2.8           TIPU SULTAN – The ‘Tiger of Mysore’

Mysorehad grown in strength under the leadership of powerful leaders like Haider Ali (ruled 1761-1782) and his famous son Tipu sultan (ruled 1782 – 1799).

  1. Mysore controlled the profitable trade of Malabar Coast consisting of pepper and cardamom
  2. In 1785, Tipu Sultan stopped the export of sandalwood, pepper & cardamom from his ports & disallowed local merchants from trading with the Company.
  3. He also modernized his army with the help of French
  4. The company fought four wars withMysore(1767-69, 1780-84, 1790-92 & 1799). In the last war – the Battle of Seringapatam, Company ultimately won the war and Tipu Sultan was killed
  5. The state was placed under the rule of former ruling dynasty – wodeyars, and a subsidiary alliance was imposed on the state.

2.9           War with the Marathas

  1. Since late eighteenth century, the company wanted to destroy Maratha Power
  2. The Marathas were subdued in a series of wars. The first war ended in 1782, with neither of them a clear victor
  3. The second Maratha War (1803-05) resulted in the British gaining Orissa & the territories north of the Yamuna includingAgraandDelhi
  4. The third Anglo-Maratha War (1817-19) crushed Maratha Power
  5. The Company gained complete control over the territories south of the vindhyachal mountain range 

2.10     The Claim to Paramountcy

From early nineteenth century, the company pursued an aggressive policy of territorial expansion.

  1. Under Lord Hastings (Governor – General from 1813-1823), a new policy of ‘paramountcy’ was initiated, which claimed that the authority of the company was supreme
  2. It also said hat in order to protect its interests, it was justified in annexing any Indian kingdom
  3. This process, however, was challenged. For example when the British tried to annex the small state of kitoor in Karnataka, Rani Channamma took to arms & led an anti-British resistance movement, which was carried on by Rayanna, a poor chowkidar in kitoor after the Rani’s death in prison in 1829
  4. In the late 1830s, fearing that Russia might expand across Asia, entering India from North-West, British wanted to secure their control over North-West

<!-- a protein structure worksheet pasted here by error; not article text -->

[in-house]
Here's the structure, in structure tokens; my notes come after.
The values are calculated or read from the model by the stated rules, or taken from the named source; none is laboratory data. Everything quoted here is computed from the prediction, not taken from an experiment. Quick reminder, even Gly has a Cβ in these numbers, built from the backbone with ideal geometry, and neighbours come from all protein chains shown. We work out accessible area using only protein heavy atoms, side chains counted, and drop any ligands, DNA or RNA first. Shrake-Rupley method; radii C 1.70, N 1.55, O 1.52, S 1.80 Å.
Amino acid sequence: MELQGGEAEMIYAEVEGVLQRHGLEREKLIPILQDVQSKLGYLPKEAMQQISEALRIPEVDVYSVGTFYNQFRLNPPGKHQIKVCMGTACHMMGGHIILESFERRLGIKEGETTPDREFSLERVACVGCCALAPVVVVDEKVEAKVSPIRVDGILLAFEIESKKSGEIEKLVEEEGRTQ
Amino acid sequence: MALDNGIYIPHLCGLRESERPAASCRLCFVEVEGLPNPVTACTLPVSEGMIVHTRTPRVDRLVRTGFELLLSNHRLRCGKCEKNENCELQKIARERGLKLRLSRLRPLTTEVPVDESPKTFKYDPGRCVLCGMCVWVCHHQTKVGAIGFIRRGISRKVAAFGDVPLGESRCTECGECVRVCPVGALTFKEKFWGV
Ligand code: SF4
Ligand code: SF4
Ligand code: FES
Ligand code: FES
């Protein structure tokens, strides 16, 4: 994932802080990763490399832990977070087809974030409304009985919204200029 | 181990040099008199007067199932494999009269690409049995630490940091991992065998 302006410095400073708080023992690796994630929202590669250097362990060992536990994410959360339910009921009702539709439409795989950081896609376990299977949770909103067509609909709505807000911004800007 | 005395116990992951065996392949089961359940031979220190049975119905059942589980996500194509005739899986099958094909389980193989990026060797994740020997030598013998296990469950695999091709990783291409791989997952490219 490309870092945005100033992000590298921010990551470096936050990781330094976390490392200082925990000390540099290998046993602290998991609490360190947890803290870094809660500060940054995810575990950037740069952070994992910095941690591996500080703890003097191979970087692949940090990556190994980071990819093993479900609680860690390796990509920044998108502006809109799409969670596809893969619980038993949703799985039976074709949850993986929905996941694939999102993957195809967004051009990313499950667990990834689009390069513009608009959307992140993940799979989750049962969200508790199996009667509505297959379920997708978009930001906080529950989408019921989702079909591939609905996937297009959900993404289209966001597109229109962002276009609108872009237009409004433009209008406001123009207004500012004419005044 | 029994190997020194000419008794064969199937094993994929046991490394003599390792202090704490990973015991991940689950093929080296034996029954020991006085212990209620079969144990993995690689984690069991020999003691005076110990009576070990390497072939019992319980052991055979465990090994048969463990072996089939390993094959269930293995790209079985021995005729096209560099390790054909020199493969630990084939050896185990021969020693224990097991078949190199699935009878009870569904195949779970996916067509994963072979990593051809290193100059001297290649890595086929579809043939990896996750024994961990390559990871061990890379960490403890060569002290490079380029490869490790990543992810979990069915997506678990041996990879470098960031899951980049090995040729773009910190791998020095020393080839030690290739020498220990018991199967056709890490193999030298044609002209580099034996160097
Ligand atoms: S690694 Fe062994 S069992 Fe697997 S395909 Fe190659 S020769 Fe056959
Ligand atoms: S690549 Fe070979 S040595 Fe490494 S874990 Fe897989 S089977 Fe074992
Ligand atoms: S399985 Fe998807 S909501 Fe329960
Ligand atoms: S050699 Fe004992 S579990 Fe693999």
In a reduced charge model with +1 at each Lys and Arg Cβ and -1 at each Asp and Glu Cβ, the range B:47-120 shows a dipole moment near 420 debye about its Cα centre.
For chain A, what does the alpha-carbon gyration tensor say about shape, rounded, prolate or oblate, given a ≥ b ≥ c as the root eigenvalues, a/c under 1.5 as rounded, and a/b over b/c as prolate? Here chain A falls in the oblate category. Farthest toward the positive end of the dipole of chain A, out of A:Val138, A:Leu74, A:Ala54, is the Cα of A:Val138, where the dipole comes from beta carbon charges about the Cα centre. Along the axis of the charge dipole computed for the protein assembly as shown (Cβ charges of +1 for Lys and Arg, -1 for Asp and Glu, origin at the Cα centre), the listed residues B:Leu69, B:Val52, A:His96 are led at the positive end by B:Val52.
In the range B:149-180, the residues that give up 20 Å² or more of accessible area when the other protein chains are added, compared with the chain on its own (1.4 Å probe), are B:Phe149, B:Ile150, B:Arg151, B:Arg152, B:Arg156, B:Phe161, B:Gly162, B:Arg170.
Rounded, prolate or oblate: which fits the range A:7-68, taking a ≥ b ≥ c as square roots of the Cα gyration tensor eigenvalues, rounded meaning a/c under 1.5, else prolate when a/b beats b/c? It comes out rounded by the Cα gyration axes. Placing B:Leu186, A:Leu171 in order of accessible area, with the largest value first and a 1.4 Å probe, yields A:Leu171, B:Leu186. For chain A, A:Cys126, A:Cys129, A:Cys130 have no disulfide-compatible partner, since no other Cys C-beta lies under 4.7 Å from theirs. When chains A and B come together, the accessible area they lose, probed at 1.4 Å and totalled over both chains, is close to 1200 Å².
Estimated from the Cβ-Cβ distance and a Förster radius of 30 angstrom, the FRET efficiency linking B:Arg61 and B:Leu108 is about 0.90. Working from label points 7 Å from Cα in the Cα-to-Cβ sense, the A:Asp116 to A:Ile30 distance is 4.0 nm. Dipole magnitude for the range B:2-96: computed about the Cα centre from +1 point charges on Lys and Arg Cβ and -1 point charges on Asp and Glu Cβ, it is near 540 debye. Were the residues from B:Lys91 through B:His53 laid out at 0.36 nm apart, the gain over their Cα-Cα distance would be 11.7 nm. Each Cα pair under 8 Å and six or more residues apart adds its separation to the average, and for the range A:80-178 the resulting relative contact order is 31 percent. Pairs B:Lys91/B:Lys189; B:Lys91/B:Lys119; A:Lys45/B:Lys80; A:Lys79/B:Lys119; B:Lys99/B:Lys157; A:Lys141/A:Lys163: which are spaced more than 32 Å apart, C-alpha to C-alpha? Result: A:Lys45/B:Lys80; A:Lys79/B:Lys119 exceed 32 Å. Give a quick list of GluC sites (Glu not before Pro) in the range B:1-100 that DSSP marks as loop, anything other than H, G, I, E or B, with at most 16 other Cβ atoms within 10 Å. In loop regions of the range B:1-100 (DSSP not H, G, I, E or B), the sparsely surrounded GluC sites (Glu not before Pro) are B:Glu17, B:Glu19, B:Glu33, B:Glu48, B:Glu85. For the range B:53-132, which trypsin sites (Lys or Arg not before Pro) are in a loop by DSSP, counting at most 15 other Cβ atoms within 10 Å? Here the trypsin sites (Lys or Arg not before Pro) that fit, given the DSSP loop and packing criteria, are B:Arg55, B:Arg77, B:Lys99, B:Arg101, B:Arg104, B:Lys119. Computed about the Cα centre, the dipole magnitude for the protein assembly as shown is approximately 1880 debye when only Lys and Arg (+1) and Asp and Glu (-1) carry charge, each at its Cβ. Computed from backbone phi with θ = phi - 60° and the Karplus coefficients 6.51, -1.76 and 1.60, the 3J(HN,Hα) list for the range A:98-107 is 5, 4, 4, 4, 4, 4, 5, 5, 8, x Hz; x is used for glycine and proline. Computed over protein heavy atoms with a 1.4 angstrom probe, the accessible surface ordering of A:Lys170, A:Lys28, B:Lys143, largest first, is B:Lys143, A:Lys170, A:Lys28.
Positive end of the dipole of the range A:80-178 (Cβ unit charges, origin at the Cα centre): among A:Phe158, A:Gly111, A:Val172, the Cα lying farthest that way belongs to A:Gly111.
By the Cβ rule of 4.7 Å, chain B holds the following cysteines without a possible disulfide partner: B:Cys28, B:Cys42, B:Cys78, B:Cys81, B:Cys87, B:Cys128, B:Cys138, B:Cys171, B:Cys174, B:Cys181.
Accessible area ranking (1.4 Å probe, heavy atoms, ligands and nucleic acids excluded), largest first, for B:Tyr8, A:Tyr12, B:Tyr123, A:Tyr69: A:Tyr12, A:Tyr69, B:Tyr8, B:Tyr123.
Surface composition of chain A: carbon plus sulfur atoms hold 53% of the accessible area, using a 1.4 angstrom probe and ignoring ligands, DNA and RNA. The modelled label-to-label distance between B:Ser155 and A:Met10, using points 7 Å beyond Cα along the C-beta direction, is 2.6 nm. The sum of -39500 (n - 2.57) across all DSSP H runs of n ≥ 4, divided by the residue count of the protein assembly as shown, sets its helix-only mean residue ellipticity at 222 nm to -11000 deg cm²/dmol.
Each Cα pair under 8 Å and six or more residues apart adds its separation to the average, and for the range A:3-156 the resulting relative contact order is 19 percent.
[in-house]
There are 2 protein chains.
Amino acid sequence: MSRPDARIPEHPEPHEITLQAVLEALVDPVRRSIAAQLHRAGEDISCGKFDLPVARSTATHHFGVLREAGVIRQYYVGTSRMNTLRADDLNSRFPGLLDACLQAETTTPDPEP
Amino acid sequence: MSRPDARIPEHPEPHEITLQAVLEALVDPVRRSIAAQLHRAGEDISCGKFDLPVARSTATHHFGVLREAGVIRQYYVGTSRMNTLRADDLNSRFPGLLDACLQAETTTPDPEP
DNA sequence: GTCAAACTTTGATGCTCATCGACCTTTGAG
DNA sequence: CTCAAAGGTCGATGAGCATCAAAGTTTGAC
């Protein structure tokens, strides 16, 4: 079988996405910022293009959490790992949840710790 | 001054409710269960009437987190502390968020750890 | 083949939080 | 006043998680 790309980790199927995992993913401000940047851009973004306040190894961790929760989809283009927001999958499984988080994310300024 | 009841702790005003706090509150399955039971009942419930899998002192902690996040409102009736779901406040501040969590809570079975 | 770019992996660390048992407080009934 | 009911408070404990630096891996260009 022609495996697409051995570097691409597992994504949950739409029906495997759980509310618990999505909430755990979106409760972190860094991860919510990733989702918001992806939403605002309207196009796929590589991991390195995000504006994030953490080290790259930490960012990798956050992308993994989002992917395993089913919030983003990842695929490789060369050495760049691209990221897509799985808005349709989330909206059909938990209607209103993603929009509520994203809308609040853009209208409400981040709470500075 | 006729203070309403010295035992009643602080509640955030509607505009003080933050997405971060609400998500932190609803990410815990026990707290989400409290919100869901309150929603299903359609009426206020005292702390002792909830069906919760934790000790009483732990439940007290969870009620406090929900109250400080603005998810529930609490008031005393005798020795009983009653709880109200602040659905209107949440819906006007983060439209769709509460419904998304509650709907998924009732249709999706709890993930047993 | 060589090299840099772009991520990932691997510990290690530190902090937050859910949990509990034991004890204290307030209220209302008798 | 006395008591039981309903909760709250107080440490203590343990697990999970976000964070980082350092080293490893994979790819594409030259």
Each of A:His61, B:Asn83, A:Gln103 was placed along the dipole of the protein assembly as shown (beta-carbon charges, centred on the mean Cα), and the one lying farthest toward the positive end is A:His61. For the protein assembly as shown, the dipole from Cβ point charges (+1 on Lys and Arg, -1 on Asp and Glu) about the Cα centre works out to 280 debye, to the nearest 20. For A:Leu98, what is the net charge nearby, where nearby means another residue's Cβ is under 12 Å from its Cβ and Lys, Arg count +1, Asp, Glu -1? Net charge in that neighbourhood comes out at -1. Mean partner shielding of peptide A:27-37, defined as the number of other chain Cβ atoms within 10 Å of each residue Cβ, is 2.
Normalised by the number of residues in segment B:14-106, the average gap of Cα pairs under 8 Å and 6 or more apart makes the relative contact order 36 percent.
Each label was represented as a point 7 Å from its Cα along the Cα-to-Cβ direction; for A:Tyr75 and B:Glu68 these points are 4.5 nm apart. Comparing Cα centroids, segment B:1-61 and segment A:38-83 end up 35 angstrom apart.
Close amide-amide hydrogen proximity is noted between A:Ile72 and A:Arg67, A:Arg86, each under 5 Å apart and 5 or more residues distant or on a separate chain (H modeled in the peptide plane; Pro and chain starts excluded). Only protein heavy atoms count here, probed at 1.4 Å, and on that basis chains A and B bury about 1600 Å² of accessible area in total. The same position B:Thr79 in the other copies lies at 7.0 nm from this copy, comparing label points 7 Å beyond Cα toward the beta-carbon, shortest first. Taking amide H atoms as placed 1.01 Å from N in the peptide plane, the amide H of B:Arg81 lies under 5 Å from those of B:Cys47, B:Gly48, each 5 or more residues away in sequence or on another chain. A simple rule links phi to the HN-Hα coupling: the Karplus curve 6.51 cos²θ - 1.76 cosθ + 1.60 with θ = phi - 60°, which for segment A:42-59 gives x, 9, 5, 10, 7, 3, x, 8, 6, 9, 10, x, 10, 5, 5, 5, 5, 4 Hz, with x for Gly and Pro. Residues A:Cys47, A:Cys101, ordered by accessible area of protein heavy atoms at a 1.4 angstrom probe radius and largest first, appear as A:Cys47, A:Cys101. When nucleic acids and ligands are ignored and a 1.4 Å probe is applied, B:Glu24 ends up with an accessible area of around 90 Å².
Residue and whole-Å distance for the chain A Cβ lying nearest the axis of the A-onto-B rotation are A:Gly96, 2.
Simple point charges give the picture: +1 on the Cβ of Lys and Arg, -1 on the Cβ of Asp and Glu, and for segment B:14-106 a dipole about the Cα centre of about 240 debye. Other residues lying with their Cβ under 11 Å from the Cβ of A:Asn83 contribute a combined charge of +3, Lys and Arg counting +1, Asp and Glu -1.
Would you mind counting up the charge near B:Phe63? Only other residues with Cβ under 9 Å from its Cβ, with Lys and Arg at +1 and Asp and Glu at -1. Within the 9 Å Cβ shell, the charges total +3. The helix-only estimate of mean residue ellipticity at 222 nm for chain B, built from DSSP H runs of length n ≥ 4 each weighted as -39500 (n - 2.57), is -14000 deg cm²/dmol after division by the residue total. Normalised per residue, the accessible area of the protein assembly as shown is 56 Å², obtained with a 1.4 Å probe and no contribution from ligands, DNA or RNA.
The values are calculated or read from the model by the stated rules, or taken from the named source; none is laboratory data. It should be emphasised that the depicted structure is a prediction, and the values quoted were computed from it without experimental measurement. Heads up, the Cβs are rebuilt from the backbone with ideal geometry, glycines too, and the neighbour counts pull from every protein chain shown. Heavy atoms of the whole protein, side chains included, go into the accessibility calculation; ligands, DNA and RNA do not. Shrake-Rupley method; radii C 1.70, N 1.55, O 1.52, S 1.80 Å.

5. British fought a long war inAfghanistan(1838-1842) and imposed an indirect Company rule there
  6. Sindh was annexed in 1843
  7. After the death of Maharaja Ranjit Singh in 1839, British fought two prolonged wars with the Sikh kingdom and in 1849,Punjabwas annexed. 

2.11     The Doctrine of Lapse

Lord Dalhousie (Governor – General from 1848-1856) devised a policy which was known as the Doctrine of Lapse. According to this doctrine, if any Indian ruler died without a male heir, his kingdom would ‘lapse’ & become part of the company territory.

  1. By applying this doctrine, many kingdoms were annexed
    1. Satara in 1848
    2. Sambalpur in 1850
    3. Udaipurin 1852
    4. Nagpurin 1853
    5. Jhansiin 1854
    6. Avadh in 1856
  2. While annexing Awadh, British gave an argument that they were freeing people from the ‘misgovernment’ of the Nawab. Due to the humiliating way in which the Nawab was deposed, the people of Awadh joined the great revolt that broke out in 1857 

2.12     Setting up a New Administration

When Waver Hastings (Governor – General from 1773 to 1785) took over Company had already acquired power in Bombay&MadrasbesidesBengal.

  1. British territories were divided into three administrative units called Presidencies – Bengal, Madras & Bombay.
  2. Each presidency was ruled by a Governor, over which was the supreme head of the administration, Governor General.
  3. Warren Hastings introduced several reforms.
  4. From 1772, a new system of justice was introduced. Each district had two courts
    1. A criminal court called Faujdari adalat
    2. A civil court called Diwani adalat
  5. In 1775, a digest of Hindu Laws and in 1778, a code of Muslim laws were complied for the benefit of European judges.
  6. A new Supreme Court & a court of appeal – the sadar Nizamat adalat was set up.
  7. Collector was the principal figure in an Indian district. His main job was to collect revenue & taxes & also to maintain law & order & his office the collectorate became the new centre of Power. 

2.13     The Company Army

The Colonial rule inIndiabrought in new ideas of administration & reform, but its power rested on is military strength. 

The company had to match the strengths of various Indian armies. 

Mughal Army mainly composed of Cavalry (trained soldiers on horseback) & Infantry (paidal or on foot soldiers)

  1. Soldiers were trained in archery & use of the sword.
  2. Mughals army dominated by Cavalry & the need to have a large professionally trained infantry was not felt.
  3. In eighteenth century, Mughals states like Awadh & Benaras started recruiting peasants into their army & trained them as professional soldiers.
  4. Much like the Mughal successor states like Awadh & Benaras, company also adopted the same method of recruiting peasants as Sepoys (soldiers)
  5. British, at that time were fighting wars inBurma&Afghanistan&Egypt, so they trained Indian soldiers with the latest in warfare technology.
  6. In the early nineteenth century, the British introduced a uniform military culture.
  7. Soldiers were subjected to European-style training, drill & discipline. 

Conclusion

Thus, over a period of time, the East India Company was transformed from a trading company to a territorial colonial power. 

With the arrival of steam technology, nowIndiawas only three weeks away fromBritainby sea. So, more Britishers & their families come toIndia. 

By 1857, the East India Company had virtually the whole ofIndiaunder its control.